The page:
MacKay has announced that the Conservative government has already started drafting new prostitution legislation and is consulting police and provincial governments.

      A month-long online public consultation period on the Justice Canada website is also running from February 17 to March 17. MacKay says, “Doing nothing is not an option. We are therefore asking Canadians right across the country to provide their input through an online consultation to ensure a legislative response to prostitution that reflects our country’s values.”

      It should be interesting to see where this goes for Canada, and how it will specifically affect “The Hammer”.

  2. A thought provoking picture and text. Which describes a sad story, unfortunately told too many times, and one that seems never to stop existing. I think your picture and the text is very strong and intense.

    • You see it the world over, and we get to a point where many take the viewpoint that because it’s the oldest profession in the world, and people will always be willing to do it you may as well legalize it so that even the government and all taxpayers will effectively become pimps.

      Nothing personal, it’s all just business. Nevermind your most personal feelings and sense of self worth, just deaden yourself and share your body with some vile reporbate who doesn’t really care about you.

      Now, if you’re bringing up children what are you going to teach them morally? Are you going to say using a person for their body is politically correct so long as it’s legal or is it correct to not use a person in such a manner? Is it correct to be a legal protistute or correct to frown on prostitution period?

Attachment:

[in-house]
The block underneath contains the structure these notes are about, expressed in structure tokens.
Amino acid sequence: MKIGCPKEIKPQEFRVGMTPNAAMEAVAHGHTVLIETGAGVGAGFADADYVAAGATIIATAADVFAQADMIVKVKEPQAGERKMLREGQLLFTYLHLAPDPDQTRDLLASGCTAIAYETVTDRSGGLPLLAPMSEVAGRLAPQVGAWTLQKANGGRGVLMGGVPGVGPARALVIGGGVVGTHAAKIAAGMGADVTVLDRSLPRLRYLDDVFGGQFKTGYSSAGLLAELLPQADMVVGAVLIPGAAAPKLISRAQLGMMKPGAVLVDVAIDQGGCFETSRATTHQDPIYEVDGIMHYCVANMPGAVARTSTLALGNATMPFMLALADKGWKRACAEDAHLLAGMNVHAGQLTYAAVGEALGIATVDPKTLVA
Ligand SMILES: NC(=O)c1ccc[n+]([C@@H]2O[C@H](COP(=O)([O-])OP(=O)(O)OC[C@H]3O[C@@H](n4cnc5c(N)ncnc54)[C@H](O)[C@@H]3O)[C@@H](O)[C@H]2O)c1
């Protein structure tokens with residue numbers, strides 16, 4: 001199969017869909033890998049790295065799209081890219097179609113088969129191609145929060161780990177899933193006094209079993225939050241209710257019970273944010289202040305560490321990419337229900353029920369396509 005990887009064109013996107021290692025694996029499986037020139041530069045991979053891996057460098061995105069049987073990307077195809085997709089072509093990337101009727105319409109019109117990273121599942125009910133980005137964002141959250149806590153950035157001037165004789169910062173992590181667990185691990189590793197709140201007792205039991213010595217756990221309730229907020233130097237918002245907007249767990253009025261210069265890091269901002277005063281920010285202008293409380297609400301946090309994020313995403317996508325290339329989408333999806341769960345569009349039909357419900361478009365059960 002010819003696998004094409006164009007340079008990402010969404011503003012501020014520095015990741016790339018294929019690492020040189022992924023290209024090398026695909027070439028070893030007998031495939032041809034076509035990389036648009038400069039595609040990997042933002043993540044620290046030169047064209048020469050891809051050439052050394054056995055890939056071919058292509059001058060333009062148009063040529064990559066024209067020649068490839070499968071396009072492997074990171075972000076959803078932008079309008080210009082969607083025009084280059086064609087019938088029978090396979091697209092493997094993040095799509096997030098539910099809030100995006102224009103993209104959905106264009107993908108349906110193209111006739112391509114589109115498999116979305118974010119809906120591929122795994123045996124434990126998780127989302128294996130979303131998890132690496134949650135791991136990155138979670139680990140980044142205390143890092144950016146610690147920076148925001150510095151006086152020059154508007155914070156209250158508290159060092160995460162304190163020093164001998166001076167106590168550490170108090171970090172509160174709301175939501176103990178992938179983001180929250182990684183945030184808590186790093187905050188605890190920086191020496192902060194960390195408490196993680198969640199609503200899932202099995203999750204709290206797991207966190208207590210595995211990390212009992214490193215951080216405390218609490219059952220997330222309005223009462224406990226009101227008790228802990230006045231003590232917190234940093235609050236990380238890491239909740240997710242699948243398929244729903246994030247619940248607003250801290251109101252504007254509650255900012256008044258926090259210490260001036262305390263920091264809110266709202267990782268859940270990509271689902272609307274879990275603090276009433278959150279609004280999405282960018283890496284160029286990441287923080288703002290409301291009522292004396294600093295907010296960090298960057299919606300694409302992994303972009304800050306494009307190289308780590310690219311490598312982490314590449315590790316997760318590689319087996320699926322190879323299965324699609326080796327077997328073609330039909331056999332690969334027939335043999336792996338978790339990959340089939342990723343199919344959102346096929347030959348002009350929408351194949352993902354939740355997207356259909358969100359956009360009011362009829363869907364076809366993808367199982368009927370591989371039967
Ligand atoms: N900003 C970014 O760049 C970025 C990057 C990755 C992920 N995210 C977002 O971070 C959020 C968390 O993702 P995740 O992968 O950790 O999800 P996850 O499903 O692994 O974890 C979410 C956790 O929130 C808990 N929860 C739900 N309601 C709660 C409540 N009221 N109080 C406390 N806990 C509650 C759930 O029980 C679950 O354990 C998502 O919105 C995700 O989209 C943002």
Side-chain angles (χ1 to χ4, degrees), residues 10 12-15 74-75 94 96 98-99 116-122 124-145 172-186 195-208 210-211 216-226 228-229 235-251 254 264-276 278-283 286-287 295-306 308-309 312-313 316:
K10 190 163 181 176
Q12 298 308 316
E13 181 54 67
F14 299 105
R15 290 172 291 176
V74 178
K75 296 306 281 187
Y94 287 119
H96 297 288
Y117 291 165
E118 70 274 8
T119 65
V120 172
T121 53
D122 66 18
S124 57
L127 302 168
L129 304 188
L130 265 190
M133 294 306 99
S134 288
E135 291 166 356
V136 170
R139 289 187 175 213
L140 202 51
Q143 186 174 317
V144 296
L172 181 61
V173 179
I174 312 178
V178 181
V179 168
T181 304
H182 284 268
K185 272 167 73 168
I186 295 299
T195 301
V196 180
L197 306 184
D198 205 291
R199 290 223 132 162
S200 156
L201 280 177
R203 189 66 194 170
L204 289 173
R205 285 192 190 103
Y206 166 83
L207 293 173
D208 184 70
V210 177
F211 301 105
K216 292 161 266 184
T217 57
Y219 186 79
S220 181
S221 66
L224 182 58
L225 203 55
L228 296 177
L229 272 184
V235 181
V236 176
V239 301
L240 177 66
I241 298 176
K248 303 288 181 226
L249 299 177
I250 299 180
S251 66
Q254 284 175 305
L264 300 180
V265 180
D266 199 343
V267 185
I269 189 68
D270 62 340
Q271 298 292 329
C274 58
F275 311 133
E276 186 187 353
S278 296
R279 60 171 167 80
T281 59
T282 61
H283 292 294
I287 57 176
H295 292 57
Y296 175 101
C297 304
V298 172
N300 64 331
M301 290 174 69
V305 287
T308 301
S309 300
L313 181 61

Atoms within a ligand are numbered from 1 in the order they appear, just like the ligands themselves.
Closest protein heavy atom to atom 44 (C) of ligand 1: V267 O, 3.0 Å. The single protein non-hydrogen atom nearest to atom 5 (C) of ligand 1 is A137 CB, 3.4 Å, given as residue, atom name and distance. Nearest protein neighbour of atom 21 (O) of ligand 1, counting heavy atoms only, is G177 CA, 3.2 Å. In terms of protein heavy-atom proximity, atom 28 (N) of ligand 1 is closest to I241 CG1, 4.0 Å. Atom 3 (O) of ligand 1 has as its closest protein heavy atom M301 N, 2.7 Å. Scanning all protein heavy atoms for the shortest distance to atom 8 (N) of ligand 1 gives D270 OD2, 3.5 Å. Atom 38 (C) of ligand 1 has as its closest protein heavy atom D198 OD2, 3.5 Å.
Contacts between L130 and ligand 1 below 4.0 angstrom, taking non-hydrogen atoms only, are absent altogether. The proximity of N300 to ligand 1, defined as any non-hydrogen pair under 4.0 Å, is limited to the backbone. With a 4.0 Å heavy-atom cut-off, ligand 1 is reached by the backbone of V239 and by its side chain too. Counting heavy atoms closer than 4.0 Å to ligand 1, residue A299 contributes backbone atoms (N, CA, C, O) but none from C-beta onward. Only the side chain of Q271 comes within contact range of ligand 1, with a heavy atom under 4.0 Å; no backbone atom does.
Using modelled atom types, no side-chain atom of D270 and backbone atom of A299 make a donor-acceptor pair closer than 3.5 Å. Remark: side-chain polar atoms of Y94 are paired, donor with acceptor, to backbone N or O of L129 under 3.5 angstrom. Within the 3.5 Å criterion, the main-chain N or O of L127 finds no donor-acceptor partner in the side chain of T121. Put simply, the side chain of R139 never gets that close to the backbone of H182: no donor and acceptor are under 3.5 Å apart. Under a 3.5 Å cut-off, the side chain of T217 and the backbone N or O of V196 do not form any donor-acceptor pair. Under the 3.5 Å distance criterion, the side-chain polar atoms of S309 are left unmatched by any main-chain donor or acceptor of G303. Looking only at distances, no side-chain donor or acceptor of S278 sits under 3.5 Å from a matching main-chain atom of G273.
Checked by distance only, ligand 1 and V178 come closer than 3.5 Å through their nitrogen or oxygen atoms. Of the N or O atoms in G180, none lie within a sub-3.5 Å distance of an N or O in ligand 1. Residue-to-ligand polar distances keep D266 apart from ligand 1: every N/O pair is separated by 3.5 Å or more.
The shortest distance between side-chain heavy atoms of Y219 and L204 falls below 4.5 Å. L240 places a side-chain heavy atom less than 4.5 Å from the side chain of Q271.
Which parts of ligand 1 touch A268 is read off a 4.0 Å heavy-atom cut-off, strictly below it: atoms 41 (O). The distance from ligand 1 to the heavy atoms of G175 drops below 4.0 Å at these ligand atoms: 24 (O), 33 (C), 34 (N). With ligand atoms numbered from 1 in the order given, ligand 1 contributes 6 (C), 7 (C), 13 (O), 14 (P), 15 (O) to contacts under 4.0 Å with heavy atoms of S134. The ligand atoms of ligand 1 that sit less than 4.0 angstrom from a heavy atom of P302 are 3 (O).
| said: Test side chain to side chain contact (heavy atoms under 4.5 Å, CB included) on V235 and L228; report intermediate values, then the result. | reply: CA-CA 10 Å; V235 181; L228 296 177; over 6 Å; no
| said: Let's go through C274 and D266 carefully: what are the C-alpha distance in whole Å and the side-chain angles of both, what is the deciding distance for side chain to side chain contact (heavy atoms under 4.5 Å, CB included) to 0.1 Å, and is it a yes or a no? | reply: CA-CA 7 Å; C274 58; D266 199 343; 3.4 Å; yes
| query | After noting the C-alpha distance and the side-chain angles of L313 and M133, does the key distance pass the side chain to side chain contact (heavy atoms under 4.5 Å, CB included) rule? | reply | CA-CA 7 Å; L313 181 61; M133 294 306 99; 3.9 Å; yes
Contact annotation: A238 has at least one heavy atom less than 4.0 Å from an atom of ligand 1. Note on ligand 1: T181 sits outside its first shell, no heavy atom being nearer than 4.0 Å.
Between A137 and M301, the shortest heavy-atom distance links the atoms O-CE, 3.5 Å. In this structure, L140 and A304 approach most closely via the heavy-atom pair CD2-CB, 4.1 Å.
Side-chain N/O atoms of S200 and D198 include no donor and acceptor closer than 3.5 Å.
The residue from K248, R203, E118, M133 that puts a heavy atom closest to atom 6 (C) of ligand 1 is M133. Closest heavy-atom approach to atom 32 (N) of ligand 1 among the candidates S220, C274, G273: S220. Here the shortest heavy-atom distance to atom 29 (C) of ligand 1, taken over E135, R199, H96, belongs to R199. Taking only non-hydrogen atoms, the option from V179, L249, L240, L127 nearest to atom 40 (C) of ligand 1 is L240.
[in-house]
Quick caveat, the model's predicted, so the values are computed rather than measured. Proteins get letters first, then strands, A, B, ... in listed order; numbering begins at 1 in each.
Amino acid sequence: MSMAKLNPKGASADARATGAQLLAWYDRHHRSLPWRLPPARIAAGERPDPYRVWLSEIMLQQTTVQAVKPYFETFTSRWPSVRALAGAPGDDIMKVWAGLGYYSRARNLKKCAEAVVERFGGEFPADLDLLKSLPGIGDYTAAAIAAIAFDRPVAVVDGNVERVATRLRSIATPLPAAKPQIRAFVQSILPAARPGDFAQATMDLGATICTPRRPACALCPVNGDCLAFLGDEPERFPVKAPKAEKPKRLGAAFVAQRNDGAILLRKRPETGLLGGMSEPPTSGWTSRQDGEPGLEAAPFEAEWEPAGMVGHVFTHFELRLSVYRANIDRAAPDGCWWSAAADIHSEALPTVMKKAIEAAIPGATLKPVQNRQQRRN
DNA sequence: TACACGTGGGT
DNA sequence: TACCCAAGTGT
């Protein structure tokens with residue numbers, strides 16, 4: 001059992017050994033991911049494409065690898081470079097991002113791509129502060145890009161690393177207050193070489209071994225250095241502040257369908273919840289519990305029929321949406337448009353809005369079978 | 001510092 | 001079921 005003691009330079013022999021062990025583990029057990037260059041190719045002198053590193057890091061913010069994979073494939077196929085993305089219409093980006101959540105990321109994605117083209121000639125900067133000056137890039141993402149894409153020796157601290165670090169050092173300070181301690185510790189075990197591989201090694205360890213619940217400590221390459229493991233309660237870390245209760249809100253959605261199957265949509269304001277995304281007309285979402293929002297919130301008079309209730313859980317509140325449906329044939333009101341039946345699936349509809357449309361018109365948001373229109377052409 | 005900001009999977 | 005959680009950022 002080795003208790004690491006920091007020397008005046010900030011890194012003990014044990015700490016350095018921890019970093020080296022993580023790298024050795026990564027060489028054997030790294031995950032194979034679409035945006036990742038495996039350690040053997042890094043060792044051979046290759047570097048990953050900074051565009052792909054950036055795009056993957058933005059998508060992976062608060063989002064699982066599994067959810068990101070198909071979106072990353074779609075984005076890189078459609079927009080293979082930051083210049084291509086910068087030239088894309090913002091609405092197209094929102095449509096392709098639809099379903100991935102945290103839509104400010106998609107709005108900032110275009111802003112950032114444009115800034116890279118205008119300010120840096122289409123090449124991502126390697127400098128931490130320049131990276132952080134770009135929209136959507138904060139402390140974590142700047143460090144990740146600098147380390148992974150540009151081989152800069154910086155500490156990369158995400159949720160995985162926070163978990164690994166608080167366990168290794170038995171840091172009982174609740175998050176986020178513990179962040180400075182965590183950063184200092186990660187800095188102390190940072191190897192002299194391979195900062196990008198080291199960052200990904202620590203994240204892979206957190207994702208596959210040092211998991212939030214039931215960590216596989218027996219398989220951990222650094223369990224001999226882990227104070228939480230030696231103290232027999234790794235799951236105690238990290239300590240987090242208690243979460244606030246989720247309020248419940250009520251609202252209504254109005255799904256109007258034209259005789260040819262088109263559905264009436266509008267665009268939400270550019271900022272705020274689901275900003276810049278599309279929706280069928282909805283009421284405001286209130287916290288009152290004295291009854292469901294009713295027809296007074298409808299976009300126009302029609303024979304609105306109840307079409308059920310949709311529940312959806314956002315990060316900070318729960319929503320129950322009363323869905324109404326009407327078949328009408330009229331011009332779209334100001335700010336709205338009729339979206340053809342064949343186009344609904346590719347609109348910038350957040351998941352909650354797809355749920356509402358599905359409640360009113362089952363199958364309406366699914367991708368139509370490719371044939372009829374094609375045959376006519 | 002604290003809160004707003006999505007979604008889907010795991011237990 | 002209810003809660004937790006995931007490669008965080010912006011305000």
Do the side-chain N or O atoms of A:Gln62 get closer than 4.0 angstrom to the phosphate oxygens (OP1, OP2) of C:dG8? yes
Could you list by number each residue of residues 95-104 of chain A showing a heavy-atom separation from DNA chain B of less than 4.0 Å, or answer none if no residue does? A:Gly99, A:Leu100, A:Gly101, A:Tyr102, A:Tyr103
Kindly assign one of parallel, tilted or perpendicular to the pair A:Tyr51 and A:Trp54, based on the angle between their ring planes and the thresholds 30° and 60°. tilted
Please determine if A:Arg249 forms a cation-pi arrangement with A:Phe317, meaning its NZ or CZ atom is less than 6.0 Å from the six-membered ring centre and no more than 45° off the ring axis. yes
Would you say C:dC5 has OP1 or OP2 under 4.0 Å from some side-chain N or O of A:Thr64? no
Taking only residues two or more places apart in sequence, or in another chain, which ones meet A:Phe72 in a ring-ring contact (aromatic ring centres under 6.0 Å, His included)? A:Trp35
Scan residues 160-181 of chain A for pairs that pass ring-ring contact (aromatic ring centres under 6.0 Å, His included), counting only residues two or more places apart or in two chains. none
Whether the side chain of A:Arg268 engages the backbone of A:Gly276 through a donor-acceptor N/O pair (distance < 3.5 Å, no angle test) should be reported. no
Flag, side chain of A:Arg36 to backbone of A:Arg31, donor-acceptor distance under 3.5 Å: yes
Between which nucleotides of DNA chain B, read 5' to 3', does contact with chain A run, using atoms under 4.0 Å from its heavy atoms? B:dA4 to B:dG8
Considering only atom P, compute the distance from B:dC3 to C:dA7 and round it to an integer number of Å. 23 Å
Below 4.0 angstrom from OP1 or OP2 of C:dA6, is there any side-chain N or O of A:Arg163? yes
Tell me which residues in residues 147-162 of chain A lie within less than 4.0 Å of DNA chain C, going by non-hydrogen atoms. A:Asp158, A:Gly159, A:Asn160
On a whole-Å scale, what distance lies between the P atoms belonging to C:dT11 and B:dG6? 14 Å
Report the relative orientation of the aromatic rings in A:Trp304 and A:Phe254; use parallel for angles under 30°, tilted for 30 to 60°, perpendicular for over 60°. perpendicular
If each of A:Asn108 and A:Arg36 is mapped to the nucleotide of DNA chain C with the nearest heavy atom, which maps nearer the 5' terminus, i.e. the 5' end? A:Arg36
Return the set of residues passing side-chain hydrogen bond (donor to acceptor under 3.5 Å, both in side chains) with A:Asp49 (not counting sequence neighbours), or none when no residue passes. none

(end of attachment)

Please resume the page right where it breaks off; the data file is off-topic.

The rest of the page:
It’s tremendously perplexing, the amount of damage we do to ourselves as individuals and as communities. Issues so deep and complex that not even the most conservative or even liberal laws — what we often turn to in hopes to find firm and effective guidance, can control them because the lawmakers and enforcers butcher the very same regulations.

      Just recently, an internal Justice Department report was obtained by the Canadian Press under the Access to Information Act. It states that Canadians have little confidence in the courts and the prison system. Both observers for and against the results have legitimate arguments for the reported perception but there are serious undeniable facts that give weight to the pessimism.

      • I very much agree with you, in that it’s too easy to let things be as they are because they have always been like this. Yes, business as usual. I hope your focus and others as well will eventually lead to changes.